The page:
Using Yeast for Biomass


By Rubina Obaid

A set of three novel genetic tools are produced to facilitate the increasing expression of target genes for improved bioproducts such as organic acids from the yeast I. Orientalis.

Increased demand for yeast-related products forced the production and optimization of industrial yeast biomass. Yeast biomass has evolved as a valuable product that could lead to a more efficient biochemical production for developing more economically competitive biofuel and oleochemicals, derived from plant and animal fats and petroleum.  According to the latest research and study that has been published in Metabolic Engineering Journal, it highlighted the three-pronged method and the significance in the field of sustainable chemical production. The research was conducted under the supervision of Mingfeng Cao, a senior research scientist at the University of Illinois at Urbana Champaign and the Department of Chemical and Biomolecular Engineering (ChBE).

A triad of innovative tools has been developed by the researchers for developing low-PH-tolerant yeast and to expand the portfolio of yeast products in order to address the changing needs of the ethanol market. Building upon genetically engineered yeast Mingfeng Cao along with his team worked in ChBE Professor Huimin Zhao’s lab at the Center of Advanced Bioenergy and Bioproducts Innovation(CABBI), a U.S. Department of Energy-funded Bioenergy Research Center (BRC). CABBI Postdoctoral Researcher Zia Fatma also in Zhao’s lab worked on the project as the coauthor of the research study.

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Exploring various methods of producing valuable products using renewable biomass such as yeast to have more efficient and environment-friendly bioenergy alternative and other chemicals as bi-products to keep improving the biomass sector, using yeast as a key product for driving the progress. The main idea behind is to strive for less dependence on non-renewable fossil fuels and also to discover innovative techniques for the development of valuable products. Producing economically competitive products involve the process of metabolic engineering that is editing cells’ genetic blueprint to produce numerous chemical substances.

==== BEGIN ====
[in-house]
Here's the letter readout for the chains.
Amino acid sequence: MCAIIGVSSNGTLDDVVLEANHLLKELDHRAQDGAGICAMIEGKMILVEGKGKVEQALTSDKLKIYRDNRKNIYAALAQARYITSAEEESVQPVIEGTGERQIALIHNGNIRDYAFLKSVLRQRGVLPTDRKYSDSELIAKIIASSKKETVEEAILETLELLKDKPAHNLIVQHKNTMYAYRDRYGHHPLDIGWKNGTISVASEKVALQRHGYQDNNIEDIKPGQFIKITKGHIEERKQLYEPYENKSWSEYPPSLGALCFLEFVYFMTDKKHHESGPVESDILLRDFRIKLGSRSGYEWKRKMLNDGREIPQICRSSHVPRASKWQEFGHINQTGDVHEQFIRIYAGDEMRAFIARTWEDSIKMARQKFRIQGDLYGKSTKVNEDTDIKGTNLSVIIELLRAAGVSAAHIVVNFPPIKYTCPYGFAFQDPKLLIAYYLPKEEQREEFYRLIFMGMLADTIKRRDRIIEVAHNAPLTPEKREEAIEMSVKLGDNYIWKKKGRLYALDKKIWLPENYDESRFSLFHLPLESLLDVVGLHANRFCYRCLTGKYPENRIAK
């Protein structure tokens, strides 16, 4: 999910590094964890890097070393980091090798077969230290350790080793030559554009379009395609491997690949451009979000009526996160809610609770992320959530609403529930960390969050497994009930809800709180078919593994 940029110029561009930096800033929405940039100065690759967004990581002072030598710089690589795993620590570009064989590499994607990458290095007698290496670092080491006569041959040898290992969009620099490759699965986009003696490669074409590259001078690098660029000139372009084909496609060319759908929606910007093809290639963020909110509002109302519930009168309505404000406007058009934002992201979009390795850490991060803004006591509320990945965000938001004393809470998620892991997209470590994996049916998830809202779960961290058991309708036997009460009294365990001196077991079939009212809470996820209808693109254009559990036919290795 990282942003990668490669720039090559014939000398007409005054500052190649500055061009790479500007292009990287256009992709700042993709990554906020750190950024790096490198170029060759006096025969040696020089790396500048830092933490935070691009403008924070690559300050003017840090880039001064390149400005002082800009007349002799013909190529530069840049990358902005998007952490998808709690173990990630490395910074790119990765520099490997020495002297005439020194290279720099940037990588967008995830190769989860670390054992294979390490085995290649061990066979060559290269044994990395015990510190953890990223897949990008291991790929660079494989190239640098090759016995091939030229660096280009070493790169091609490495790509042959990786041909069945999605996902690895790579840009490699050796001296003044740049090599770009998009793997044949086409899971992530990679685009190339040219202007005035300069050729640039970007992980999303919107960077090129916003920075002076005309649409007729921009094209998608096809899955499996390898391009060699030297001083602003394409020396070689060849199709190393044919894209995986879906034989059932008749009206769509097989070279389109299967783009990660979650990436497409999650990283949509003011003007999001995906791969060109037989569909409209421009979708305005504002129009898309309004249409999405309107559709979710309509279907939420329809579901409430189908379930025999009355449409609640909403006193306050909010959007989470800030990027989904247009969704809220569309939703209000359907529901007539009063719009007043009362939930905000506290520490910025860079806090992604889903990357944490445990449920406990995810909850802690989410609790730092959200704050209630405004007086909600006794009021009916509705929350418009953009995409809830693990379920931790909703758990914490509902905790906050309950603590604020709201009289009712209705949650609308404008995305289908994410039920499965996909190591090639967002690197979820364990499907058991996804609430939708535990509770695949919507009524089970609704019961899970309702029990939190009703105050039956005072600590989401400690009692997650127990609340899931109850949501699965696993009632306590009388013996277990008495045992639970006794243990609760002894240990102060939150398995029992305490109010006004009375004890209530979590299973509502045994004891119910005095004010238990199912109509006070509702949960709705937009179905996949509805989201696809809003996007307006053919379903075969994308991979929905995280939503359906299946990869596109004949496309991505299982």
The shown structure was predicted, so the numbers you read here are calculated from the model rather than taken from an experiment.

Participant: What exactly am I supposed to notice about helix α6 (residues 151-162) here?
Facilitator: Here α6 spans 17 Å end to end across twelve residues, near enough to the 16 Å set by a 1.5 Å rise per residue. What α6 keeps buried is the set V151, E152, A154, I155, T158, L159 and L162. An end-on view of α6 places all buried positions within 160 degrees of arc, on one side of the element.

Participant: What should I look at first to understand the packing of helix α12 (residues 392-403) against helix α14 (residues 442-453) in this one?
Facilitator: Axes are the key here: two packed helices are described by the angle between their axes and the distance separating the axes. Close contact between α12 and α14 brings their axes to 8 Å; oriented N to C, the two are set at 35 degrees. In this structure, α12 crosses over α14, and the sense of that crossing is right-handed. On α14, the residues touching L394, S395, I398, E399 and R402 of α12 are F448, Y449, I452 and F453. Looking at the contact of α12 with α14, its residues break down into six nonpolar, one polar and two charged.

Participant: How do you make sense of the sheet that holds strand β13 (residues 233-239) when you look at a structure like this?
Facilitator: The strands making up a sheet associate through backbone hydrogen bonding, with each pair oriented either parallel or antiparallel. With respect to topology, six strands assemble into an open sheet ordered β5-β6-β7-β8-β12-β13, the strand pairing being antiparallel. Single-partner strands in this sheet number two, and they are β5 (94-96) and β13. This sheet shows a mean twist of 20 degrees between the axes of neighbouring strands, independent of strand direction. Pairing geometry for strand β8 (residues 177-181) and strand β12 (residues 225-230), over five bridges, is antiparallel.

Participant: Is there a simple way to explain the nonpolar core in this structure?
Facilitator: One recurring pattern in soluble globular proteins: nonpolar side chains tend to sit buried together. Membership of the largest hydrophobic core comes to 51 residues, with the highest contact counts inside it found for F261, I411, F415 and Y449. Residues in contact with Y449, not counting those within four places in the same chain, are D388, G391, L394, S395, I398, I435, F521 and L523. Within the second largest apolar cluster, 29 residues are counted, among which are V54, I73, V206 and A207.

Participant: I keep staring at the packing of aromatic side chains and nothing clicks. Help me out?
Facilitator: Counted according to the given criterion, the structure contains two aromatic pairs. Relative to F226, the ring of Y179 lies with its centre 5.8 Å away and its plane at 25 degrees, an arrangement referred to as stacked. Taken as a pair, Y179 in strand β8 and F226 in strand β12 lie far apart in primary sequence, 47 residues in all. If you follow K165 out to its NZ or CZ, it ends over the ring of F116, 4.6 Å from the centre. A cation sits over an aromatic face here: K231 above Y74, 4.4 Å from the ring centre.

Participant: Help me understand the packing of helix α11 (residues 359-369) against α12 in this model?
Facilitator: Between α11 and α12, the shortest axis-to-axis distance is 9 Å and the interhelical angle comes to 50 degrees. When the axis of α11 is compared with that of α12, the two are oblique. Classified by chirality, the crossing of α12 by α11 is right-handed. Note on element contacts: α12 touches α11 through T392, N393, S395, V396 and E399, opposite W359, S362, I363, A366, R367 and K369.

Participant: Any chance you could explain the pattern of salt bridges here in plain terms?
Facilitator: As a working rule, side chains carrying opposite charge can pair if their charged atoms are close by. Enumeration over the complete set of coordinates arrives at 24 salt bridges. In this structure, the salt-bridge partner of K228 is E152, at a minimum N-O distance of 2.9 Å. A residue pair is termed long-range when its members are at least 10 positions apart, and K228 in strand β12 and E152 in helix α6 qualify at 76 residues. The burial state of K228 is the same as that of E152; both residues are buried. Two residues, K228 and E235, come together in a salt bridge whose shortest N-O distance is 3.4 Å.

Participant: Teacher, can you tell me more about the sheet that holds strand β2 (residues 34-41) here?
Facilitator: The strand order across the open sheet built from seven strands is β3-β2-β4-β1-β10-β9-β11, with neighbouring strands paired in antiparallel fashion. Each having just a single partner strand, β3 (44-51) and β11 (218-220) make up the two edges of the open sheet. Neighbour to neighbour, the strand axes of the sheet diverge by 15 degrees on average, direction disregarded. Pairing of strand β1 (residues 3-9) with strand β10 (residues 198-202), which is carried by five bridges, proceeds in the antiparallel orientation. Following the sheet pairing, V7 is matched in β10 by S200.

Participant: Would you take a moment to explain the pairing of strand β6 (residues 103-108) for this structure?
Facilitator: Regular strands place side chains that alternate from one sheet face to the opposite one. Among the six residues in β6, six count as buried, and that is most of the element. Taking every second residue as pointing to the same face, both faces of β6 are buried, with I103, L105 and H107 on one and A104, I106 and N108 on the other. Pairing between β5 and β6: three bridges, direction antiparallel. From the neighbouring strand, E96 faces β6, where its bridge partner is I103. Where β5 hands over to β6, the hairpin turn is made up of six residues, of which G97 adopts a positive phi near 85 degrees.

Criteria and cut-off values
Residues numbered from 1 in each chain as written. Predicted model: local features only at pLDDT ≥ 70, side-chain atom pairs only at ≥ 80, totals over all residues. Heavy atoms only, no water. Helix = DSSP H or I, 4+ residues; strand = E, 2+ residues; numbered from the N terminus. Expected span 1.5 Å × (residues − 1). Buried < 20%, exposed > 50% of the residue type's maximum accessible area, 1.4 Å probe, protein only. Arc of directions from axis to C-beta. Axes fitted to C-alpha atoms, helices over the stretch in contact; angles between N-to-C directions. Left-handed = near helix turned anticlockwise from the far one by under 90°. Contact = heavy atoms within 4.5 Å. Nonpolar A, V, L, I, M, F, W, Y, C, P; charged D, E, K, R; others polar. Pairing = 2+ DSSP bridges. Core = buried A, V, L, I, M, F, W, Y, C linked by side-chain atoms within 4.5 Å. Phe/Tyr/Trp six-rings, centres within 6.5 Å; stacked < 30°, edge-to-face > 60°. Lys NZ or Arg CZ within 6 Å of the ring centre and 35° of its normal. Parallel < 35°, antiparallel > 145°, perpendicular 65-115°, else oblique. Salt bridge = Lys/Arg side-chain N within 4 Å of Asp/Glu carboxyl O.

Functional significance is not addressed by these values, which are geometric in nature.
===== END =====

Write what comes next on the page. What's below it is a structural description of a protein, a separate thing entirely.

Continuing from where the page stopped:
Previously, conventional yeast was designed by the researcher’s Saccharomyces cerevisiae a production host, that brought significant improvement and enhanced concentration values, began to align with improved industrial fuel processes. The objective behind the study was to discover and prove the high performance of non-conventional yeast due to the conduciveness to genetic manipulation and making it a primary candidate for metabolic engineering. The focus of the study is mainly on yeast strain which is recognized as having the capability to grow in low PH environments and due to which having extreme resistance towards acidity, I. Orientalis is known as a powerful organic acid producer. Due to the shortage of genetic manipulation practical usage of I. Orientalis to produce chemicals has not been much explored to date. Researchers of CABBI created three main tools to bridge the gap, and initially found a genetic tool that includes plasmids, DNA molecules which are used for genetic manipulation and reproduction. For editing an organism’s genome plasmids must be able to replicate precisely.


In addition to that researcher, the team identified that it is possible to use an independently replicating DNA sequence ARS from S. Cerevisiae to stabilize plasmid replication. The ARS is augmented due to its constraint of functionality with a centromere (CEN) portion of a DNA used for stabilizing the division of the cell. For improved functionality of an organism for chemical production, it is considered important to precisely adjust the genetic expression which directly reflects the behavior of promoters and terminators. The third innovative tool is an efficient and fast Vivo, a DNA assembly technique that builds a biochemical pathway. The process of reaction and action which takes place inside the cell and makes the chemical product economically viable and high yielding.  Ultimately, xylose utilizes the pathway which is actually designed for S. cerevisiae as the researchers used in vivo DNA assembly technique to introduce synthetic pathway and xylose is used as a sole carbon source by I. Orientalis.

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